On Sun, Jun 17, 2018 at 5:05 PM, Sean Conner <[hidden email]> wrote:
It was thus said that the Great ThePhD once stated:
>
> Here's the writeup of the new benchmarks and how I did it, as well as some
> (minor) insights into how someone would typically use the C API versus what
> would be the most performant way of doing it:
> https://thephd.github.io/2018/05/17/Lua-Bindings-Shootout.html
>
> I hope it helps a few people here!

  I'm reading your writeup, and I came across this:

> A few libraries here also make a curious choice: rather than making you pass
> separate null-terminated strings to dive into nested tables, it instead
> writes a tiny little parser to handle every "." that appears in the strings
> you provide. This means you can access nested tables with "a.b.c", but the
> problem becomes that it has to in-place edit the strings you pass to
> null-terminate, perform the lookup for the next ?chunk?, and then continue
> processing the string. It?s not ideal and it does incur a performance hit,
> so while super convenient to specify a path in a single string, it is not
> advisable.

  The only comment I have about this is that modification of the "path
string" is not required.  I wrote code [1] that does traverse a "path string"
without modifying the string at all [2].  Yes, this is slower than using a
simple string literal to lua_getfield() [3] so it should be avoided when you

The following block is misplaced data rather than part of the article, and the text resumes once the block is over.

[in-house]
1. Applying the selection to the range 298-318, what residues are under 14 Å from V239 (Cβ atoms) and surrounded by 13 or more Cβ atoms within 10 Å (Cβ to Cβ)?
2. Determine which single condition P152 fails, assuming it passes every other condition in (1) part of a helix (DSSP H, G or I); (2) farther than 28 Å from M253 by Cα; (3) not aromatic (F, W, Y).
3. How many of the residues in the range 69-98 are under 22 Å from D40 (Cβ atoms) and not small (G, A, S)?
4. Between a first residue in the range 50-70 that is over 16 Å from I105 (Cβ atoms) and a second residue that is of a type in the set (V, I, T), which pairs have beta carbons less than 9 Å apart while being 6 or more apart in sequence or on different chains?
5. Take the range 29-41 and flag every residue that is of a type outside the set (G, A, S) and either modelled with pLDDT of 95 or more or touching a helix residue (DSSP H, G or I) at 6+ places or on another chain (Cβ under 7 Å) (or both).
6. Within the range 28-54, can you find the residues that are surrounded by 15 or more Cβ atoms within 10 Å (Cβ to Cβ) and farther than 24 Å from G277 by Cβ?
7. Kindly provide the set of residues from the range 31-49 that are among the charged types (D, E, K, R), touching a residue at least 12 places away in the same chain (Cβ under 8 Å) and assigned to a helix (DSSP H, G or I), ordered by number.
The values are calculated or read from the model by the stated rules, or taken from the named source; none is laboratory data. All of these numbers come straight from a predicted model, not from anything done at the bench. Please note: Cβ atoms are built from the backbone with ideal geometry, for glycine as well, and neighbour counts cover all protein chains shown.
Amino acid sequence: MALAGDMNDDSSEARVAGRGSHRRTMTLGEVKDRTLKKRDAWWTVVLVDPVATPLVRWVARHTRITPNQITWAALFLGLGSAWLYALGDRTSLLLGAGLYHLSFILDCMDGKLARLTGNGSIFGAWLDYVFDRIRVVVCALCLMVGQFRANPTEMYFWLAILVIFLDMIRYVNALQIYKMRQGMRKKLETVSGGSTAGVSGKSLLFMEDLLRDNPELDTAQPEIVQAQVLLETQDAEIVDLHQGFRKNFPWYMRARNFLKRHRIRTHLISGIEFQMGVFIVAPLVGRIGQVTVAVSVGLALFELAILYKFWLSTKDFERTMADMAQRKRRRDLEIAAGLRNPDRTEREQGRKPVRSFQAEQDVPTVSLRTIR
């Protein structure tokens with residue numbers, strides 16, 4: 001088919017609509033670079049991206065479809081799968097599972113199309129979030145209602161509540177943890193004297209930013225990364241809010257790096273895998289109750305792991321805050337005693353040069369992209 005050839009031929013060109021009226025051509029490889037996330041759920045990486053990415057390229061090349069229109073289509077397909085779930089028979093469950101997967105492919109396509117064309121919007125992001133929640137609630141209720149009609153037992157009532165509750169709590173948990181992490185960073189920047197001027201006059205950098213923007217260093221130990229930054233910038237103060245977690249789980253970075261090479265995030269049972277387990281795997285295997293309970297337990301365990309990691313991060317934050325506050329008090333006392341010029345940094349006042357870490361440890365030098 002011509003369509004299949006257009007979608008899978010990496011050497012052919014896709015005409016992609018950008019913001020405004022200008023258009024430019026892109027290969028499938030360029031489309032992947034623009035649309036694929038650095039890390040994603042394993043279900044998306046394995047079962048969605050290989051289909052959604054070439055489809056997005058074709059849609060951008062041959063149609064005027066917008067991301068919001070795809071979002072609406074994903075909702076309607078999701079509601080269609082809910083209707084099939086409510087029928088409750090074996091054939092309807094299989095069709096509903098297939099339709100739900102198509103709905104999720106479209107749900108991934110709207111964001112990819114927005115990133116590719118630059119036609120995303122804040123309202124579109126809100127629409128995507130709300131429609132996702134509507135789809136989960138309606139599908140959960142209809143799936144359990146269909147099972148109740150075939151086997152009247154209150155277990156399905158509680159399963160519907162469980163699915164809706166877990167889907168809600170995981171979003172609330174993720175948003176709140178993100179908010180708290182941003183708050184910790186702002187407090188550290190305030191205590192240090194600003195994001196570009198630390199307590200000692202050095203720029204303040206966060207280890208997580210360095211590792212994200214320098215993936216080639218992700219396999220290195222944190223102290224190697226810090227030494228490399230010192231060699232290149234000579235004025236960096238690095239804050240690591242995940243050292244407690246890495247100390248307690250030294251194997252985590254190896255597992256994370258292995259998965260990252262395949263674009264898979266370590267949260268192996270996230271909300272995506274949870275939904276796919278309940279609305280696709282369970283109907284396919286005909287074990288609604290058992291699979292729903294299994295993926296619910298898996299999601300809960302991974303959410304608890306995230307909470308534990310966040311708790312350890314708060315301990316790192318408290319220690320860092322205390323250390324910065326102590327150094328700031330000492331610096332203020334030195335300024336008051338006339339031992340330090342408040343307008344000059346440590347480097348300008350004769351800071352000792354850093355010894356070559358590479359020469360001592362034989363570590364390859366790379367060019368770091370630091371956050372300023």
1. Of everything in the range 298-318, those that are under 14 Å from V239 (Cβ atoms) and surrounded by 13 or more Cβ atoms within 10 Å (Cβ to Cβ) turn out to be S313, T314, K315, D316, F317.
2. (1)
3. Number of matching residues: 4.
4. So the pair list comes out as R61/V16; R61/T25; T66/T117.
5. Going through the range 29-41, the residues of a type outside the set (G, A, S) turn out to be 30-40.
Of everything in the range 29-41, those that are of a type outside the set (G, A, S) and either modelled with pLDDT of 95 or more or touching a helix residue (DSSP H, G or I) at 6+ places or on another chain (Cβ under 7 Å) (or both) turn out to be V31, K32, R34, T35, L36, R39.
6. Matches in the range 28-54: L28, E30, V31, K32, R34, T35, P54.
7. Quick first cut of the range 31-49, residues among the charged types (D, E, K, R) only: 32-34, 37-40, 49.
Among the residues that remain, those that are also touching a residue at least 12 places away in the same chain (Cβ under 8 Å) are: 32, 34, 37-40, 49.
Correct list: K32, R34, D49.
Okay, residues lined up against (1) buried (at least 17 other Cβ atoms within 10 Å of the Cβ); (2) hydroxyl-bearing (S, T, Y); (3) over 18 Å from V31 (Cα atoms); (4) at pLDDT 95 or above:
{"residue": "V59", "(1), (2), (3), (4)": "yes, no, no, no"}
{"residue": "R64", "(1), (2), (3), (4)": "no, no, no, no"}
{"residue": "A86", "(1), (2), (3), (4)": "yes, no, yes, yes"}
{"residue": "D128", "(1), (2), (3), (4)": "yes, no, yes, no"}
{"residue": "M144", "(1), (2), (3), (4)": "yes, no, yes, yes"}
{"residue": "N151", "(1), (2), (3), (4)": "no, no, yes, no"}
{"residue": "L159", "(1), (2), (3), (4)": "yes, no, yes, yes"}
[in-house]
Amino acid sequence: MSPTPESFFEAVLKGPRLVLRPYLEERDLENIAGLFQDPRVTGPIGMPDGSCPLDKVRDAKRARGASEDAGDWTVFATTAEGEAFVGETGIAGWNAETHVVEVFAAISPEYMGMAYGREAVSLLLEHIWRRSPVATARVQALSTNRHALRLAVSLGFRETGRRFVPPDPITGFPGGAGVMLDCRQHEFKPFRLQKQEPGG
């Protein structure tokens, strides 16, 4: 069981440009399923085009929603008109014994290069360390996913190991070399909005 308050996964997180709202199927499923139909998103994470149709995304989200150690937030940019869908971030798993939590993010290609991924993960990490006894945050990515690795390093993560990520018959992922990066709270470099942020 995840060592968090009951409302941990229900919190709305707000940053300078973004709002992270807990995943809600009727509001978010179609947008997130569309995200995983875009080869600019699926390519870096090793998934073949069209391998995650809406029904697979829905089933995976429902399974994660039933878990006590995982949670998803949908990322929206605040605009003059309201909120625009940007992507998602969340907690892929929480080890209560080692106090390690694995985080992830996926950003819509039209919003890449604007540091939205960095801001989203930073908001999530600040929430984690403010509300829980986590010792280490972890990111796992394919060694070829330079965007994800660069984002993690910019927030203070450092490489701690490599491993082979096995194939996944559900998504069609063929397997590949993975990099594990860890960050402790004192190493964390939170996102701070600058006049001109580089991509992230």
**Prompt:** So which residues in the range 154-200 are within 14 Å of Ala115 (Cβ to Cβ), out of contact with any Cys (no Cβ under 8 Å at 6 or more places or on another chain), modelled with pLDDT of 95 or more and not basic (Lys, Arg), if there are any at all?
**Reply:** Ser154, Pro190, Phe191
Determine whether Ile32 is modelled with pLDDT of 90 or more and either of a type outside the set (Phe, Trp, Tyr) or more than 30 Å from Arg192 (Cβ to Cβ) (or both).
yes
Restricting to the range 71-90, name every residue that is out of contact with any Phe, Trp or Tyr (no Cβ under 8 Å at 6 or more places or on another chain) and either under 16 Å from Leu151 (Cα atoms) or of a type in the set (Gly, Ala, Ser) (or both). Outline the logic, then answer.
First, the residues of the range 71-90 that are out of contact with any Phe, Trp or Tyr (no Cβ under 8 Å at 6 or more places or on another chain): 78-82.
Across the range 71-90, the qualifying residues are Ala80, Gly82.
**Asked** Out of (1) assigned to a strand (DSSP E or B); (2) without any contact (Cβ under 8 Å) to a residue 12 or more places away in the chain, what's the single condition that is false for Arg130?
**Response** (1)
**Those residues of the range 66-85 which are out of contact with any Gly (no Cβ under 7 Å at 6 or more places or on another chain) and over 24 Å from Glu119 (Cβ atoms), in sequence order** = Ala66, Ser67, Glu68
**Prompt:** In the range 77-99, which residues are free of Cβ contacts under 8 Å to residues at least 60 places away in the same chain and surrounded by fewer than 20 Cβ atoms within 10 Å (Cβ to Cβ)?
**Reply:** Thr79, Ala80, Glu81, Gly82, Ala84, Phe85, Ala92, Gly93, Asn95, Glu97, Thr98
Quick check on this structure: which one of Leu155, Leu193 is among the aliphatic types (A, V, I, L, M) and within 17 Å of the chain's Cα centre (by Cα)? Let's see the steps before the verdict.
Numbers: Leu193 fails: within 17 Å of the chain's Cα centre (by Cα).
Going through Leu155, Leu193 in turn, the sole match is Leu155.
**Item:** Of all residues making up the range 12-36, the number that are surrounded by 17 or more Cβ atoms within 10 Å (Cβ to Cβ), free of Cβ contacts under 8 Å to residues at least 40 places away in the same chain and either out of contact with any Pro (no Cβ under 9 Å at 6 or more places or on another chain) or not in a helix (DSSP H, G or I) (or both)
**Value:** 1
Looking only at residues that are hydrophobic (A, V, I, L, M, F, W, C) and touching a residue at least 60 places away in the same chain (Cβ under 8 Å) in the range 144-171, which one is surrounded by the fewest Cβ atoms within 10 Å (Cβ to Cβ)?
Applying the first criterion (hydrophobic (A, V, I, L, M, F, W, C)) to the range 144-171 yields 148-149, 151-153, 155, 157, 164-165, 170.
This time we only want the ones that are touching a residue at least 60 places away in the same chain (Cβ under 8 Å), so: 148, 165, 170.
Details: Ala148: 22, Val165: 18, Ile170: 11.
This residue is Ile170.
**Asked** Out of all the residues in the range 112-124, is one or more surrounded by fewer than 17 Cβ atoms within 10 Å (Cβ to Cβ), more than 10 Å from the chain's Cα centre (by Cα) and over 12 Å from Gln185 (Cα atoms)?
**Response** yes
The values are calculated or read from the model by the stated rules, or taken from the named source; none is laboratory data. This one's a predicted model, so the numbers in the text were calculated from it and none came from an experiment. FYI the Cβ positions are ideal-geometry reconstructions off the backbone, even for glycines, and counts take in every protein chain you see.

can, but to say you have to modify the string is erroneous.

  -spc (It's just a minor detail really)

[1]     https://github.com/spc476/mod_blog/blob/9fcfdcae480c0fc22389543a2d4379e5e9e2c0a5/src/globals.c#L194
        https://github.com/spc476/mod_blog/blob/9fcfdcae480c0fc22389543a2d4379e5e9e2c0a5/src/globals.c#L496
        https://github.com/spc476/mod_blog/blob/9fcfdcae480c0fc22389543a2d4379e5e9e2c0a5/src/globals.c#L470

[2]     Since most, if not all, of the strings I'm passing in are C literal
        constant strings, which can't be modified (at least on the platforms
        I run on).

[3]     Or other API calls that retrieve data from a table.


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Re: Benchmark Bindings

Andrew Starks-2
In reply to this post by ThePhD


On Sun, Jun 17, 2018 at 6:43 AM, ThePhD <[hidden email]> wrote:
I realize that I had not posted this to the list just yet. I did some work previously and presented the benchmarks at Lua Workshop 2016. There were some derps in the benchmarks and some other libraries people wanted to see in the benchmarks. I reworked nearly everything and created a new repository with a new CMake-based build so it could be run on other platforms than Windows.

Here's the writeup of the new benchmarks and how I did it, as well as some (minor) insights into how someone would typically use the C API versus what would be the most performant way of doing it: https://thephd.github.io/2018/05/17/Lua-Bindings-Shootout.html

I hope it helps a few people here!

I read through your write up. Thank you for doing such a thorough job and creating something so useful. I hope that it continues to be updated as necessary.

Also, this makes me wish I had seen this and known about Sol. 

--
Andrew Starks